Hyped as one of most anticipated IPOs of the year, Groupon has seen its stock price tumble since going public last month. Traffic to Groupon.com has also been on a steady decline over the past several months, largely as a result of Groupon dramatically slashing its online advertising spend.
This past June at seemingly the height of the Groupon frenzy (or fad) the site’s traffic peaked at 33.7 million unique visitors, nearly matching Target.com, and besting all but the largest online retailers.
That traffic came at a steep price for the company, namely hundreds of millions of dollars spent on online advertising to acquire new customers. The ubiquitous ads in addition to Groupon’s huge sales force led to the company reporting massive losses, and caused many people to be skeptical of the company’s business model and future prospects.
In and effort to plug the ever-growing hole on its balance sheet and pretty itself up ahead of its IPO, Groupon abruptly changed tactics in August and did basically a full-stop on its online advertising expenditures. What has been the result of this about-face, and what impact could this have on Groupon’s prospects going forward?
Since June, Groupon has lost over half of its traffic and has leveled off at 15 million unique visitors per month (on par with Expedia.com). In June, paid advertising (primarily pay-per-click) was responsible for over half (52%) of all visits to the site. Said differently, Groupon shelled out cash in June to cover the cost of 44 million individual visits to its site. Not only did this advertising drive immediate click-throughs, however, but it also aided in building Groupon brand awareness as evidenced by the fact that 27% of visits in July were driven by consumers navigating directly to the site. Groupon’s daily emails only accounted for about 1 in 7 visits (15%).
Fast forward to October, and the picture is quite different. Although Groupon is still paying for nearly 20% of its site traffic, given that the site is now half the size it was in June, the total number of paid advertising-driven visits has actually fallen 84% to roughly 6.5 million. In connection with the decreased spend, Groupon has seen a drop in consumers navigating directly to the site which could signal trouble ahead as the site faces increased competition.
A bright spot for Groupon is the fact that the number of visitors who click though on at least one of its emails continues to rise. 6.8 million unique visitors arrived by email in October, an increase of 24% since June, just as total traffic to the site dropped 55%. In addition, these consumers are clicking on the offers with greater frequency, now on average 2.3 times per month.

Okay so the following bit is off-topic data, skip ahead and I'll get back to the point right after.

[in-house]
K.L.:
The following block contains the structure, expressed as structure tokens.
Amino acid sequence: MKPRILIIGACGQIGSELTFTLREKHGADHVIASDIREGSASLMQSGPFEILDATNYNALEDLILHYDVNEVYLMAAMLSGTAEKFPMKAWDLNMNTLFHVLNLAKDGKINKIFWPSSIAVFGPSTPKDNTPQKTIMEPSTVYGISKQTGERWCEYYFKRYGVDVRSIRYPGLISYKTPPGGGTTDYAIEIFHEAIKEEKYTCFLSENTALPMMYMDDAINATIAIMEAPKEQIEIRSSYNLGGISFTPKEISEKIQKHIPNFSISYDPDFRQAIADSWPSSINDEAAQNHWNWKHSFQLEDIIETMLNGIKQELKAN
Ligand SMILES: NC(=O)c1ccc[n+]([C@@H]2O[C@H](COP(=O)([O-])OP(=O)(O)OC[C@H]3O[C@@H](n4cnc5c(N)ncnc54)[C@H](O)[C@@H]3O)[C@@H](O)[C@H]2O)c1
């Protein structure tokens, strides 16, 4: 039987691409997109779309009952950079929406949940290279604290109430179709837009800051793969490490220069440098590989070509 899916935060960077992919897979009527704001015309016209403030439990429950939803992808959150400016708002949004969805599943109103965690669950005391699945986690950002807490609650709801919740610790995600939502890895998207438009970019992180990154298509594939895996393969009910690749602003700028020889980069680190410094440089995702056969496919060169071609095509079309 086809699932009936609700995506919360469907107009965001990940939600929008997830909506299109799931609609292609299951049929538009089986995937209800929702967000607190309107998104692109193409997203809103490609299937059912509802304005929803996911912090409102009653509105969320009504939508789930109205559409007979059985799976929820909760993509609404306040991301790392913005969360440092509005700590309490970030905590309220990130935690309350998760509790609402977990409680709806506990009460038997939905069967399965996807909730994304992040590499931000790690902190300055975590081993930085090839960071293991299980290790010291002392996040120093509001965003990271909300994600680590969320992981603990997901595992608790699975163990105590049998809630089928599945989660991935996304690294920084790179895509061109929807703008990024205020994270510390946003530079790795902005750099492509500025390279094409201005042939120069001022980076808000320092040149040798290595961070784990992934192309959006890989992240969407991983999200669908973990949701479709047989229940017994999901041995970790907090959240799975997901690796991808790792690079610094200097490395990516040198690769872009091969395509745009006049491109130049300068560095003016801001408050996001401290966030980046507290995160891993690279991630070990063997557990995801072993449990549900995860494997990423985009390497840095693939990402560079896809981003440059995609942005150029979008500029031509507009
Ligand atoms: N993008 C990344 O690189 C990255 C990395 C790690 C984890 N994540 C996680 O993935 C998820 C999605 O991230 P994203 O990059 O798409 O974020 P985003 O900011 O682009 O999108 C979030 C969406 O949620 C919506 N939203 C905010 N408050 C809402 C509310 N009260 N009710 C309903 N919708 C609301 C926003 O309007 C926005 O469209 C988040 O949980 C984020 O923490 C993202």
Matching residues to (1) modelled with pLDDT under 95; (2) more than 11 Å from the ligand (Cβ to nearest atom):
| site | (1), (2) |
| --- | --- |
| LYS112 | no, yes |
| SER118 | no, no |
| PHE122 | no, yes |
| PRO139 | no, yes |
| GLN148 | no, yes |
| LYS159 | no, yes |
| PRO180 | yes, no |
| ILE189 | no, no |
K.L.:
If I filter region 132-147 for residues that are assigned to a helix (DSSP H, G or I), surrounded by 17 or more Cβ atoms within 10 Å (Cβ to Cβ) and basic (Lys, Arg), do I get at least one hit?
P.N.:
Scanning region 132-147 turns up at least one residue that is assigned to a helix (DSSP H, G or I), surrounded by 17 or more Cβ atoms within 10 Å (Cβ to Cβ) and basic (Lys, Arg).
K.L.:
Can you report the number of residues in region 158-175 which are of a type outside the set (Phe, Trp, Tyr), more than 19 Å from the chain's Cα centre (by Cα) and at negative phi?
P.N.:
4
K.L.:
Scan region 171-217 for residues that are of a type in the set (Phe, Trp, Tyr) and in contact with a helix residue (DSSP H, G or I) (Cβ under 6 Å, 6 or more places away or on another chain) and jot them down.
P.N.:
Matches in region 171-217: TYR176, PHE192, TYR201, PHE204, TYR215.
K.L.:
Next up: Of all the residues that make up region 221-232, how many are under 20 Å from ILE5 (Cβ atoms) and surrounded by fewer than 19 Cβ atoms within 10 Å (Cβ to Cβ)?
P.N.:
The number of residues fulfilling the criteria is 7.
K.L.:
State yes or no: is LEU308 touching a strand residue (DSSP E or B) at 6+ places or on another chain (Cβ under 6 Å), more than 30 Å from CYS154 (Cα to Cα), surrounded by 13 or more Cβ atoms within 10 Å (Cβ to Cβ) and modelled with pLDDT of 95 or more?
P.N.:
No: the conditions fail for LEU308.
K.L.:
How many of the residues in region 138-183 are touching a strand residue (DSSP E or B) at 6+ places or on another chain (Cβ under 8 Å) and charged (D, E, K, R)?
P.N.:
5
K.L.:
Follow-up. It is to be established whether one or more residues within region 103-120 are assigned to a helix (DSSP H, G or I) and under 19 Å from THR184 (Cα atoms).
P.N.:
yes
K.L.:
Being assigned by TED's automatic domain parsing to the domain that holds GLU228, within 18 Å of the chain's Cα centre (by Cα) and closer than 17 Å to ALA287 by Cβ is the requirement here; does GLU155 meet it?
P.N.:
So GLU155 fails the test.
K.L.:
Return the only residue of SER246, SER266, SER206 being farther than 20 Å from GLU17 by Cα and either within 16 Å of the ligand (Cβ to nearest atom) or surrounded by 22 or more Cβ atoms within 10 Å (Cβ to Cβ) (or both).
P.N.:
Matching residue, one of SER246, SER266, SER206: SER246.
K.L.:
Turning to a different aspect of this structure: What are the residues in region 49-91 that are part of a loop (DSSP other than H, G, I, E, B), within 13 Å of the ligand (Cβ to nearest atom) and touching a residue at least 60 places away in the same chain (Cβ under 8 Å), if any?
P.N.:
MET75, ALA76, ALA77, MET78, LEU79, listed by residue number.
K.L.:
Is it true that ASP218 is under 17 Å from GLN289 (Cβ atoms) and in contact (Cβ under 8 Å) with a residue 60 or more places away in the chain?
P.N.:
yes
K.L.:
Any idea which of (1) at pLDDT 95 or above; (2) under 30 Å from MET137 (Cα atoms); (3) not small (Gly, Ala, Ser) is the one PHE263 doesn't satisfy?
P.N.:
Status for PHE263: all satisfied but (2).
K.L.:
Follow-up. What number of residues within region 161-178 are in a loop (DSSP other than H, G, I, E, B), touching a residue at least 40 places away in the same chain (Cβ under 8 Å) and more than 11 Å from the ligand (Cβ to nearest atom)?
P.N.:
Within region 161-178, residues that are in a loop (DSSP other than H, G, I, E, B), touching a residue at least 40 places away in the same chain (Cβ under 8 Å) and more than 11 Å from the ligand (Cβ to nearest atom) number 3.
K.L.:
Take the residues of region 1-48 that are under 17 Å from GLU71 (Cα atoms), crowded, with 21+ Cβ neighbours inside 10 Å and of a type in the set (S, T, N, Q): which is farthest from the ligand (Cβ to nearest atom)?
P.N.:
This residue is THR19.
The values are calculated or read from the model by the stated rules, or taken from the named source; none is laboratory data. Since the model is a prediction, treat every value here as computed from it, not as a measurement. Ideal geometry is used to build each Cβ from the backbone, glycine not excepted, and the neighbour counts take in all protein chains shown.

In October, email drove almost half of all visits to Groupon.com. I find this uber reliance on email to maintain traffic levels troublesome. Groupon hopes to attract consumers with appealing offers, but it’s getting awfully crowded in consumers’ in-boxes with the onslaught of these and rival offers.
While the quantity of the deals might certainly be playing a role in growing consumer apathy, also problematic for the industry is the quality of the deals. For all of Groupon and rivals’ efforts to stand out, the brands that really matter are the merchants actually featured in each offer. Now with so many competitors vying for a finite number of quality deals with local merchants, the quality of all the deals seems bound to suffer. Taking a different tact, rival LivingSocial focused its BlackFriday offers last weekend on name-brand national retailers rather than local merchants.
It seems that the industry is here to stay, at least in some shape or form. What remains to be seen however is how competitive and profitable Groupon can remain by retrenching from its hyper growth model and focusing on driving engagement and activity among its existing customer base.
As VP of Millward Brown Digital’s financial services, retail and consumer products practices, Matt is responsible for vertical growth and strategy and the delivery of digital insights and best practice marketing consulting to leading Fortune 500 advertisers. Follow Matt on Twitter @mattpace.